The Canadian public is fundamentally anxious about the country’s economic prospects, as reflected in a number of polls over the last few months putting the economy and jobs as the major issues for the next election. For example:
- A significant and growing number of people believe that economic conditions will worsen and feel they have “fallen behind” financially over the past year.
- Consequently, Canadians are the most pessimistic they have been about the economy since 2009, and are feeling “tapped out,” with two out of three people saying we need a new perspective on the economy.
- Thus, while Canadians are concerned about security, they feel overwhelmingly that the top priorities for federal politicians should be unemployment, the economy and health care.
- And now, Canadian business executives have become more pessimistic about the prospects for economic growth, given current economic conditions, with nearly 40% anticipating economic decline in the next year. Of note here, the governor of the Bank of Canada, Stephen Poloz, called Canada’s first-quarter economic results “atrocious.”
Frank Graves of EKOS summed up the zeitgeist when he said: “Canadians may be parking the smugness they felt about how our economy performed immediately following the 2008 market meltdown. They’ve been watching the U.S. economy growing at double the rate of Canada’s, while enjoying significantly lower unemployment. They’ve started feeling the slide in the Canadian dollar in produce prices and the cost of travel.”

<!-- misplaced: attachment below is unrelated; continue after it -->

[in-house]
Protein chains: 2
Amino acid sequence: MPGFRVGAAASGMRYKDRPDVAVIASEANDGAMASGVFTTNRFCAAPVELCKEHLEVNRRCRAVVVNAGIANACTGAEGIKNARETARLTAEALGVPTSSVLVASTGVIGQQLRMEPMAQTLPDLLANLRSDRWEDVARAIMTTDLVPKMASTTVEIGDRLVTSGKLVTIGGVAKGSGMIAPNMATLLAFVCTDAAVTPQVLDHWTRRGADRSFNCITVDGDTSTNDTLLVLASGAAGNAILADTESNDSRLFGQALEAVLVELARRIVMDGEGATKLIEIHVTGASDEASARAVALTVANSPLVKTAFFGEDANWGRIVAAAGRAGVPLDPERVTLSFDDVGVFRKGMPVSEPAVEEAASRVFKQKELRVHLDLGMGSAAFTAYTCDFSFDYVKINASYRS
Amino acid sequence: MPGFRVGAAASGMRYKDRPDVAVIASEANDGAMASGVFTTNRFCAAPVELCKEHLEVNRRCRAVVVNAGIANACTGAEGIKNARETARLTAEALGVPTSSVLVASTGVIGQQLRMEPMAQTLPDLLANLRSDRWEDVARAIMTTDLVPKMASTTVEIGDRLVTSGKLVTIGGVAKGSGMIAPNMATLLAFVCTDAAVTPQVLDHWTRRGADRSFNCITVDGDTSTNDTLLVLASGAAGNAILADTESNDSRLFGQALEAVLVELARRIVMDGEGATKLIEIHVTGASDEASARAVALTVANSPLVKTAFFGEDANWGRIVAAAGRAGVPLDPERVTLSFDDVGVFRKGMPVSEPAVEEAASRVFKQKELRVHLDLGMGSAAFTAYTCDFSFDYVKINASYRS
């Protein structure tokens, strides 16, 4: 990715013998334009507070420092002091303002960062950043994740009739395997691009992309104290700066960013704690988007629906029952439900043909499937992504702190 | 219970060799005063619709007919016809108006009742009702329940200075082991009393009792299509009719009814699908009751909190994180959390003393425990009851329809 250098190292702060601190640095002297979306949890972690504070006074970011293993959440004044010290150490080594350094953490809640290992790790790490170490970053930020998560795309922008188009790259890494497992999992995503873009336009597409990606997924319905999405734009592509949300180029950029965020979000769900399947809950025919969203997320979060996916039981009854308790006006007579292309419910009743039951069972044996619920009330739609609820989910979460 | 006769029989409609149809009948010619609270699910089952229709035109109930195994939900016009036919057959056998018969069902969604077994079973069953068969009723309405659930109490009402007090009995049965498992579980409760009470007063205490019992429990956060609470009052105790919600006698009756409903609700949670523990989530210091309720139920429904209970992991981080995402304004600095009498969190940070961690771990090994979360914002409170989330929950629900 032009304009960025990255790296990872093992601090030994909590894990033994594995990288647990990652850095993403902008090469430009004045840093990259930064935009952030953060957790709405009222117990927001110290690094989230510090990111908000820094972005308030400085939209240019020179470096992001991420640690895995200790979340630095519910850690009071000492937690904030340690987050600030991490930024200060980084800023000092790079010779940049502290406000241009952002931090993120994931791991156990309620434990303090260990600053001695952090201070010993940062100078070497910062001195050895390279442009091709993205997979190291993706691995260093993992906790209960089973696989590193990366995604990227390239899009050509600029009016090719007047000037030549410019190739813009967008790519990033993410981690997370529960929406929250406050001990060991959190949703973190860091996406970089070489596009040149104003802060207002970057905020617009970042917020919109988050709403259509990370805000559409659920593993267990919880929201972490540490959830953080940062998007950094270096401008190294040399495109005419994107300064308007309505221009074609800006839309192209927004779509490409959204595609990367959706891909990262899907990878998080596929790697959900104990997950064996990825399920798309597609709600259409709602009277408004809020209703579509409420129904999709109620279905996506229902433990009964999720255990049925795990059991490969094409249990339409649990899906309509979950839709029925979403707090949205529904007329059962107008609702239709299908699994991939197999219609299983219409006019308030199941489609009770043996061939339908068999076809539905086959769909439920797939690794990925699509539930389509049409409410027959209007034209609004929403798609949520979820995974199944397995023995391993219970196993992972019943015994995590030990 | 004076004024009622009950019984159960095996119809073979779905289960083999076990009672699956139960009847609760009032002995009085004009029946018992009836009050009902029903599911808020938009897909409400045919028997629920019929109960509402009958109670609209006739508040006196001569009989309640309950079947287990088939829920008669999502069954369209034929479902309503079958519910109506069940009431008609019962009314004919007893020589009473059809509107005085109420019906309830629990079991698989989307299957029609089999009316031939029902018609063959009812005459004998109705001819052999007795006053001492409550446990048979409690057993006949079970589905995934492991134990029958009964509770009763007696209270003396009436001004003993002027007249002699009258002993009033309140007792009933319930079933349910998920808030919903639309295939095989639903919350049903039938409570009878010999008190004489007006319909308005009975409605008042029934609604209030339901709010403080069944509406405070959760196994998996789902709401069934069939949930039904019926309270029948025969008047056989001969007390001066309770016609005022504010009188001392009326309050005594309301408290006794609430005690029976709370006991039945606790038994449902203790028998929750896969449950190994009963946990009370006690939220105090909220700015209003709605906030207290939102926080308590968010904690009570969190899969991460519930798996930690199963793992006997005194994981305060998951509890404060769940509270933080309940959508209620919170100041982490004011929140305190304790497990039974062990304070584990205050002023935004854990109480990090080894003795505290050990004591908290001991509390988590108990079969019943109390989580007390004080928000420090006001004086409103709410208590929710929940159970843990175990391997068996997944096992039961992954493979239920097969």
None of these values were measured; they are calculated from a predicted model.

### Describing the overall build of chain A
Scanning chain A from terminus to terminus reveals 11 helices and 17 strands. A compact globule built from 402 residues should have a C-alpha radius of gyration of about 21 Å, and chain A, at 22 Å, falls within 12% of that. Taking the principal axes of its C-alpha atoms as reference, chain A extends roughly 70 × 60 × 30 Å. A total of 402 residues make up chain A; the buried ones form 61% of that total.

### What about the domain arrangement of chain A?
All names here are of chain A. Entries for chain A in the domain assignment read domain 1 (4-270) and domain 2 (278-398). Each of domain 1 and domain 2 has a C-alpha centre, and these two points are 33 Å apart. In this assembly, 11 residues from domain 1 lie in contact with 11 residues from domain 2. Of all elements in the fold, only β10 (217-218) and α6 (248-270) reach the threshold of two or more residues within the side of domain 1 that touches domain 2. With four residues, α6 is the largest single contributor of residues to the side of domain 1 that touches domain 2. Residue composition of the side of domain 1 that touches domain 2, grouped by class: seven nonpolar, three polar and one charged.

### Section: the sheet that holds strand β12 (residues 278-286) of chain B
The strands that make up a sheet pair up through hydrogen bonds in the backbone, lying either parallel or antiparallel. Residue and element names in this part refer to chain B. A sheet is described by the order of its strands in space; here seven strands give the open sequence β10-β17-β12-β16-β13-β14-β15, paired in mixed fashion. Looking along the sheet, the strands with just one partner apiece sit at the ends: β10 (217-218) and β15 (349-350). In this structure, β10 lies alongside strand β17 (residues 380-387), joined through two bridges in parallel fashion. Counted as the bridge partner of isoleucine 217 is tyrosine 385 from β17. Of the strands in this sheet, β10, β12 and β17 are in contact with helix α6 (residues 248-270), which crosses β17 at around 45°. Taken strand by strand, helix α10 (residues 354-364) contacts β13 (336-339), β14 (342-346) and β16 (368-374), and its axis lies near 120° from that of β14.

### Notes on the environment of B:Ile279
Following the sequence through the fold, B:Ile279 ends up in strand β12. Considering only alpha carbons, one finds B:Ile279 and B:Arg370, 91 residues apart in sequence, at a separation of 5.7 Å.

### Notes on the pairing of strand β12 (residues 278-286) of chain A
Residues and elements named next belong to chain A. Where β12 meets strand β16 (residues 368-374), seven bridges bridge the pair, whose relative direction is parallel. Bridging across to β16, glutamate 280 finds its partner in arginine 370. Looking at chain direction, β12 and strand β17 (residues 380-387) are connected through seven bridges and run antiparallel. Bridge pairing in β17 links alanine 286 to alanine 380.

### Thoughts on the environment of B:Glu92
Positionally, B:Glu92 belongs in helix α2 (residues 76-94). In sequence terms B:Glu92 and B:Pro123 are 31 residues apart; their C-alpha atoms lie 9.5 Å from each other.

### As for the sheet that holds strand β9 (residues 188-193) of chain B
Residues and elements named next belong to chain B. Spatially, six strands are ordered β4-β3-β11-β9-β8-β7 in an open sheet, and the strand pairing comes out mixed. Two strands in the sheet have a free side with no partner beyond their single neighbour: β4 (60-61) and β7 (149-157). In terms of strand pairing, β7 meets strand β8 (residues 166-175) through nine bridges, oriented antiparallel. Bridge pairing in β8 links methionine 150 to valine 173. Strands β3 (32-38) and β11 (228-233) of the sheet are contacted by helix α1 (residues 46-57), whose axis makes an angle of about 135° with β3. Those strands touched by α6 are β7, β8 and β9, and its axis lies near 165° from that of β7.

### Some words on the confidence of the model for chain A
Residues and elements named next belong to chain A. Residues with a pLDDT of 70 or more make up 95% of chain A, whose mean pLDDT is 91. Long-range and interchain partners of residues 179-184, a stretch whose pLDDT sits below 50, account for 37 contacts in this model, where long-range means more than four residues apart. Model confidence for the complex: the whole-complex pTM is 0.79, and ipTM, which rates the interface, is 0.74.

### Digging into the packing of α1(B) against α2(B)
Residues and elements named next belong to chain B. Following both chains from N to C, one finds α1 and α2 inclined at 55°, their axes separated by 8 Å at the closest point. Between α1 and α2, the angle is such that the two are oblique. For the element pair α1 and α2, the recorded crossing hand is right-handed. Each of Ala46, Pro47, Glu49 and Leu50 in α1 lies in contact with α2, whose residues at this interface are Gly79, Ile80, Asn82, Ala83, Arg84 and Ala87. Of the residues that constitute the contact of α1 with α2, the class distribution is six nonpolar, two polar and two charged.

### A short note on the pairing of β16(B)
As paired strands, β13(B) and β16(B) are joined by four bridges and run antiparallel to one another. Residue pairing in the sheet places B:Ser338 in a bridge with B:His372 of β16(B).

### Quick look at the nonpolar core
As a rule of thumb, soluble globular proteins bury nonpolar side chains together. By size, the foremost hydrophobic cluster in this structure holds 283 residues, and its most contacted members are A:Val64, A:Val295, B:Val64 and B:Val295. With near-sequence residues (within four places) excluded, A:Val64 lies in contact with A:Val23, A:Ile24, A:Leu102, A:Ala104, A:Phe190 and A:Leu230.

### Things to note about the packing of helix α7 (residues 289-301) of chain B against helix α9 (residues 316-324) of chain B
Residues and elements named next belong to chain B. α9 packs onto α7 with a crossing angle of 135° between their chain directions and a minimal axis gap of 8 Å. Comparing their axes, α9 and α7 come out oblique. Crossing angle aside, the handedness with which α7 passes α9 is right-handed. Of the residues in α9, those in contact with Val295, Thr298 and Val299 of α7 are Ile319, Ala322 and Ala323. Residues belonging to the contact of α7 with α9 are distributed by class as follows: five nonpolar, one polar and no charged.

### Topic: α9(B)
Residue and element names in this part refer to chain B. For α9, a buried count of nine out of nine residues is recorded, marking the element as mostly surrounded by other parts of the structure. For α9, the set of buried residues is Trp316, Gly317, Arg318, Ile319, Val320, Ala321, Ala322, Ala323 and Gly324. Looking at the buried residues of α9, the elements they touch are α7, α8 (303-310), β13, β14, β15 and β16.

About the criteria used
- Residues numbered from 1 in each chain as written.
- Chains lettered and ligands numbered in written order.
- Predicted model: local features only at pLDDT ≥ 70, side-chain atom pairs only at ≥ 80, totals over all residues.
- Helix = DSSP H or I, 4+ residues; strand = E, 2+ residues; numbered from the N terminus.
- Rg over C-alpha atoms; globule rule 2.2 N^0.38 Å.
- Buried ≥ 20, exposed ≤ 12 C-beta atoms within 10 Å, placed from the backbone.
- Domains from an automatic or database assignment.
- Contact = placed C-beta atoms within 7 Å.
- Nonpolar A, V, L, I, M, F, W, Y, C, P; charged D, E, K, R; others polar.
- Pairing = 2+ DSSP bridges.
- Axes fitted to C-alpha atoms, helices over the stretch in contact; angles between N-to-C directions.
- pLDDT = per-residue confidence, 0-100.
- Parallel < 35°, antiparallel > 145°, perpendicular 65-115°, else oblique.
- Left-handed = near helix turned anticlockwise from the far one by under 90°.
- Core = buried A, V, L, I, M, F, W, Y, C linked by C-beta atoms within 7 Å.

Yet there was Finance Minister Joe Oliver recently proclaiming that while election campaigns normally focus on economic issues, this one would also focus on security. It’s an interesting strategy. Harper usually tops polls on the question of which leader would make the best economic manager. So why change the channel?
Clearly there is some concern that, in the end, Canadians are more likely to vote out of economic fear—of job loss, economic insecurity and higher prices—than exaggerated fears of jihad on Canadian soil. Keeping the major opposition parties on the defensive, by focusing on terrorism and the niqab, and questioning the patriotism of anybody who challenges this approach, leaves the remote firmly in Harper’s hands. Thus, Foreign Affairs Minister Rob Nicholson stated in the House on March 26, “ISIL has declared war on Canada by name and seeks to wage its jihad against our people. No matter how these facts are communicated, Canadians know that the leaders of the opposition parties will dismiss them and with that are dismissing Canadian values.”
Progressive Canadians interested not simply in a debate about “Canadian values,” but also in economic fairness, full (and meaningful) employment, and a return to the mixed economy (if not more) face a tough decision: who should get their support in the next election. For as much as there is some space between the three major parties on the question of defining Canadian values, there is less of a gap than meets the eye on economic issues, reflecting a persistent neoliberal consensus, and the rise of values politics in Canada and most western countries over the past few decades. Both the NDP and the Liberals are treading carefully, trying not to minimize security concerns while also convincing the public they can form a majority government. For each, though, the stakes are different.